I’m an independent blogger, thinker, non-believer striving to make sense of the universe and my relation to it. I’m also an atheist non-partisan who finds political and religious labels counterproductive, often hindering our understanding of one another. I’m attempting to write honestly and clearly, being motivated by philosophy, rationality, logic, reason, skepticism, and an inherent distrust of almost every “ism” that man has ever constructed. And yes, that includes atheism. Welcome to my world.

Follow me at https://twitter.com/#!/cterryadams



8 Responses to About

  1. muso says:

    Good writing, honest and clear.
    I have a very similar inclination in life, though I’m much older than you.
    I write a lot, personal journals, etc. , just for myself.

    • Chuck Wentworth says:

      Thanks for reading. I appreciate the feedback. It’s good to write, no matter what the medium. I find that, even if it’s only for yourself, writing is good therapy.

      Thanks again,


  2. Great blog Chuck. Had only a short time to skim but definitely plan on coming back and leaving some comments at some point.


  3. Powerful stuff, Chuck. Powerful. I will become an often visitor to your site. Your post today on atheism contained so much of what I wish I could say and could believe, but can’t. Religion has been a part of my life for so many years and is so ingrained that I’m in denial about denial. Everything you say smacks of truth, but what is gained by letting go? What is gained by not believing? If the truth does not set you free, of what benefit is it? Atheism has no comfort. You might say truth is comfort, but I would say truth, in this case, is too isolating to be comfortable. Well, rambling forward. HF

    • Chuck Wentworth says:

      Harper- thanks for reading. I very much appreciate it and the insightful comment you made. I too am enjoying your posts and look forward to reading more.

      As to your questions about truth and comfort, there are no easy answers. You asked what is gained by letting go…I’d say that by letting go of what I feel isn’t true, that gives me the freedom to enjoy, learn, experience, and partake in, what I feel is a purer path to truth. What is that truth? Any number of things, most of which are common pleasures that we all enjoy. But my atheism, much like your belief, allows me to see things from a certain perspective. It’s an entirely subjective perspective, but it’s one that I feel is closer to the nature of things. So you see, the truth does set me free, even if that truth is entirely my own. Concerning God, like I said in my post, the argument is circular and it’s not of my power to comment on whether or not he/she/it exists. As a matter of fact, I proudly align myself with Voltaire on the matter, which is to say that I have no idea about God.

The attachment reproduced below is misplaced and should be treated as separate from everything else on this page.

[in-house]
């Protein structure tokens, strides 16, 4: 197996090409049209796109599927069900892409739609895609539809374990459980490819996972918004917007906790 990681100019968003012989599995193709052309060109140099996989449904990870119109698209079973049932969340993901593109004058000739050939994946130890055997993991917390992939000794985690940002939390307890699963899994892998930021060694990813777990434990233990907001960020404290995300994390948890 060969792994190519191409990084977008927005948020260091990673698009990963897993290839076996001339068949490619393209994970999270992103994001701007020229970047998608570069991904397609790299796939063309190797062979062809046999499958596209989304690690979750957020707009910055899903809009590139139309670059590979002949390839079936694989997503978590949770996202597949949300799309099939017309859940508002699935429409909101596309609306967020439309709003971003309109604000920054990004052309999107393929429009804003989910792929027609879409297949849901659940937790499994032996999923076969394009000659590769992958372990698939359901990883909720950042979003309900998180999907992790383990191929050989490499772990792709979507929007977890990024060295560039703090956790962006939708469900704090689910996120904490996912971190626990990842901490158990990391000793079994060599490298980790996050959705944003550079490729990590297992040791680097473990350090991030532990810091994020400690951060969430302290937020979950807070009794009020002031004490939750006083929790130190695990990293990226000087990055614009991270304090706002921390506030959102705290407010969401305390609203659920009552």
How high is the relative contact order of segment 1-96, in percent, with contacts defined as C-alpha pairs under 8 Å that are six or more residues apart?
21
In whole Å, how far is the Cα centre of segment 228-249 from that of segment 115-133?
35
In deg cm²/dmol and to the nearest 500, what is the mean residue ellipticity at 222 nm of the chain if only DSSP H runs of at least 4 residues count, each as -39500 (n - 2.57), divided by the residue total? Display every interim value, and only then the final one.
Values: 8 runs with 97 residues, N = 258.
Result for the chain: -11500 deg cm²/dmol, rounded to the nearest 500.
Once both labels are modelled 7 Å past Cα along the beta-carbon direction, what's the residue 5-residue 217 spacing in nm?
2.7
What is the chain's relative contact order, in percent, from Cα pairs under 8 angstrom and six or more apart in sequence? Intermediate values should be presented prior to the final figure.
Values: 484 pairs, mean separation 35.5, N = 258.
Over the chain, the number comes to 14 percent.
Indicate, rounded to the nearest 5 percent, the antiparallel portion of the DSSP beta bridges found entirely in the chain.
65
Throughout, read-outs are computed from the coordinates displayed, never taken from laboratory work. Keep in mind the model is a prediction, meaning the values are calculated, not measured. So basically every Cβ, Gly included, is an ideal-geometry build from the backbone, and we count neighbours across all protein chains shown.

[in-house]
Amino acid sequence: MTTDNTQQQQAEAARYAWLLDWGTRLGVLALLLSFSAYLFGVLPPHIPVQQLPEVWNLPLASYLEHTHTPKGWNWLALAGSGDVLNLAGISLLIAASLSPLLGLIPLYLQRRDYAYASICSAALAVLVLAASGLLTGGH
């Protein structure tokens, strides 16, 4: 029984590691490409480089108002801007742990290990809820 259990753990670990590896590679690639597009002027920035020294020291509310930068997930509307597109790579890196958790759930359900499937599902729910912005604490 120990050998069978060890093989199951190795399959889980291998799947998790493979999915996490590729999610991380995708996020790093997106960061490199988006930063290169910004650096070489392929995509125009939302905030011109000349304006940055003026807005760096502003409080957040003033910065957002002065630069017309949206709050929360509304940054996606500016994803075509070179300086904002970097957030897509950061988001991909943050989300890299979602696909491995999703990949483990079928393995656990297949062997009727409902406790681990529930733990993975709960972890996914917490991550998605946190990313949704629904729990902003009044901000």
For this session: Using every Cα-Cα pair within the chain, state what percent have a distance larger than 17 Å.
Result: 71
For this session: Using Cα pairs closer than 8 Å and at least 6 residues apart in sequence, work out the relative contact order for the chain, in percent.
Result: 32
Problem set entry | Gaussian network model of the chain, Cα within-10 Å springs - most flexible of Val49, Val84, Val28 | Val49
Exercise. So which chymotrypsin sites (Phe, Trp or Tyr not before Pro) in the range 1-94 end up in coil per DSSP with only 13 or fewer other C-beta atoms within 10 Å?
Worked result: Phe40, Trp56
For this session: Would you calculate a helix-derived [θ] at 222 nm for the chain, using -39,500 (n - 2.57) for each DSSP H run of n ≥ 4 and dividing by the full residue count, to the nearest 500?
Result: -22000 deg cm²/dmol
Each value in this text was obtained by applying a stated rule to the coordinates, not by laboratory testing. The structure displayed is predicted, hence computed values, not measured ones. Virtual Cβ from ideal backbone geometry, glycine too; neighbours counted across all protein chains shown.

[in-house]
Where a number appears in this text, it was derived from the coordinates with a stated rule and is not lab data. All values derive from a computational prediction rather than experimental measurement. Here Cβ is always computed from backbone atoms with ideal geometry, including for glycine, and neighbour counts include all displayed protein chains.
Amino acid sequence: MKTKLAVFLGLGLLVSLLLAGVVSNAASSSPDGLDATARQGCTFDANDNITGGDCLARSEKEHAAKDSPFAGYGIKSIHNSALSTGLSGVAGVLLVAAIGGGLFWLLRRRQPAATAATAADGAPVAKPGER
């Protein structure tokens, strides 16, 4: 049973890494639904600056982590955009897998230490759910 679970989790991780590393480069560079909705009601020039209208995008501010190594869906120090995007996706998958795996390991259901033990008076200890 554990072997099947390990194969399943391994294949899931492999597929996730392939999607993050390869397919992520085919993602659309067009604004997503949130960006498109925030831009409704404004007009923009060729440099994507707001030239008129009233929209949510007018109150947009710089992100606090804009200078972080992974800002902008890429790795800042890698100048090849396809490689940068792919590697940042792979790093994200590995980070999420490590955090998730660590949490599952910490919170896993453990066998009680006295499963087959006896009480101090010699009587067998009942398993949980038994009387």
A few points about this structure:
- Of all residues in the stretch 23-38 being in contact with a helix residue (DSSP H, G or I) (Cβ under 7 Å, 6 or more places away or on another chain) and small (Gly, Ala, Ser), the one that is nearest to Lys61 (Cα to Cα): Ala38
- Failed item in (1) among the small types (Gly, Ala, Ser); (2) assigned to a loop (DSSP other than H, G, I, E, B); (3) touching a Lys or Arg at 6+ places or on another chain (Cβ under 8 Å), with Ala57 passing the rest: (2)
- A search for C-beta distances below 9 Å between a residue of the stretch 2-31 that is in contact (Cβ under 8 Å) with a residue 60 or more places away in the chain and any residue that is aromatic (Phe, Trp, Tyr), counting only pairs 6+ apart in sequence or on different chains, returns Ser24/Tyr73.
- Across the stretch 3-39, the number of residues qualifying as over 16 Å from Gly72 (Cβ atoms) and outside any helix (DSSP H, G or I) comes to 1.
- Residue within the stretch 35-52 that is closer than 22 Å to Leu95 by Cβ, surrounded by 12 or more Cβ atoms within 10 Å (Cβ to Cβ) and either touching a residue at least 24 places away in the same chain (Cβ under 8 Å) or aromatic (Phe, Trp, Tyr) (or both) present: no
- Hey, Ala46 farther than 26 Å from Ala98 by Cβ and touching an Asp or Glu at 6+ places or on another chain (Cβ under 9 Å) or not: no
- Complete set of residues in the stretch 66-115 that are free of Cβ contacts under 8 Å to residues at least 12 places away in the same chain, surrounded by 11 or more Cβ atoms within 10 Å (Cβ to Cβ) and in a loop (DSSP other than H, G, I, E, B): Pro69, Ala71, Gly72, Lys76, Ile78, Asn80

Atheism is just a word that I feel encapsulates my spiritual ideas the closest. It’s an imperfect description, as most of them are, because I don’t know what it is I’m supposed to deny the existence of. After all…what is God?

      Truth to me isn’t isolating. It’s liberating. My views might place me on the fringe, but that’s where I’d prefer to be, if the alternative is to think a different way just to feel comfortable. Imagine how dull and grim our world would be, if all the great authors and thinkers of history refrained from following their intellect, conscience, and reason, because they were frightened of isolation?

      • Thanks for taking the time to reply, Chuck. Imagine yourself in a marriage for forty years and then you find that everything about that marriage has been a lie–or at least you think it now is. However, you cannot conceive of a divorce. You cannot remember a time before the marriage and you fear a life without it. Lie or not, you need your spouse. Marriage to her is all you know. She provides things that you need. So, you don’t abandon the marriage, but you no longer are totally committed to it. Things you never questioned, you now question. At times, you think yourself the fool for ever believing the marriage was what you needed. However, you still cannot, will not, let go. The leap is too great and the chance of falling fills you with fear. HF

      • Chuck Wentworth says:

        Great analogy. And I’ve never committed to anything for that long, so I can’t relate.

        It seems to me that you’re attempting to work through some things that I’m sure, many people struggle with. I think questions are good. I think reading and listening to perspectives that clash with your own is healthy. It makes you think about alternative viewpoints and it allows you to step outside of yourself, if only for a moment, to get inside the mind of others in order to understand their ideas. And ideas are so powerful and interesting and provocative and…relative. It’s the relativity of an idea that makes it both imperfectly human and trascendent, all at once.

        Ultimately, I wish you luck with whatever you are struggling with. Being fettered to something out of fear can be paralyzing and I don’t wish that on anyone.

        I look forward to reading more of your writing.

  4. Thanks, Chuck. Very perceptive. I look forward to what you have to say, too. Now, get busy and inspire our leadership to bring the troops home for Afghanistan. We should never have gone and now we need to leave. Today! You have your marching orders. HF

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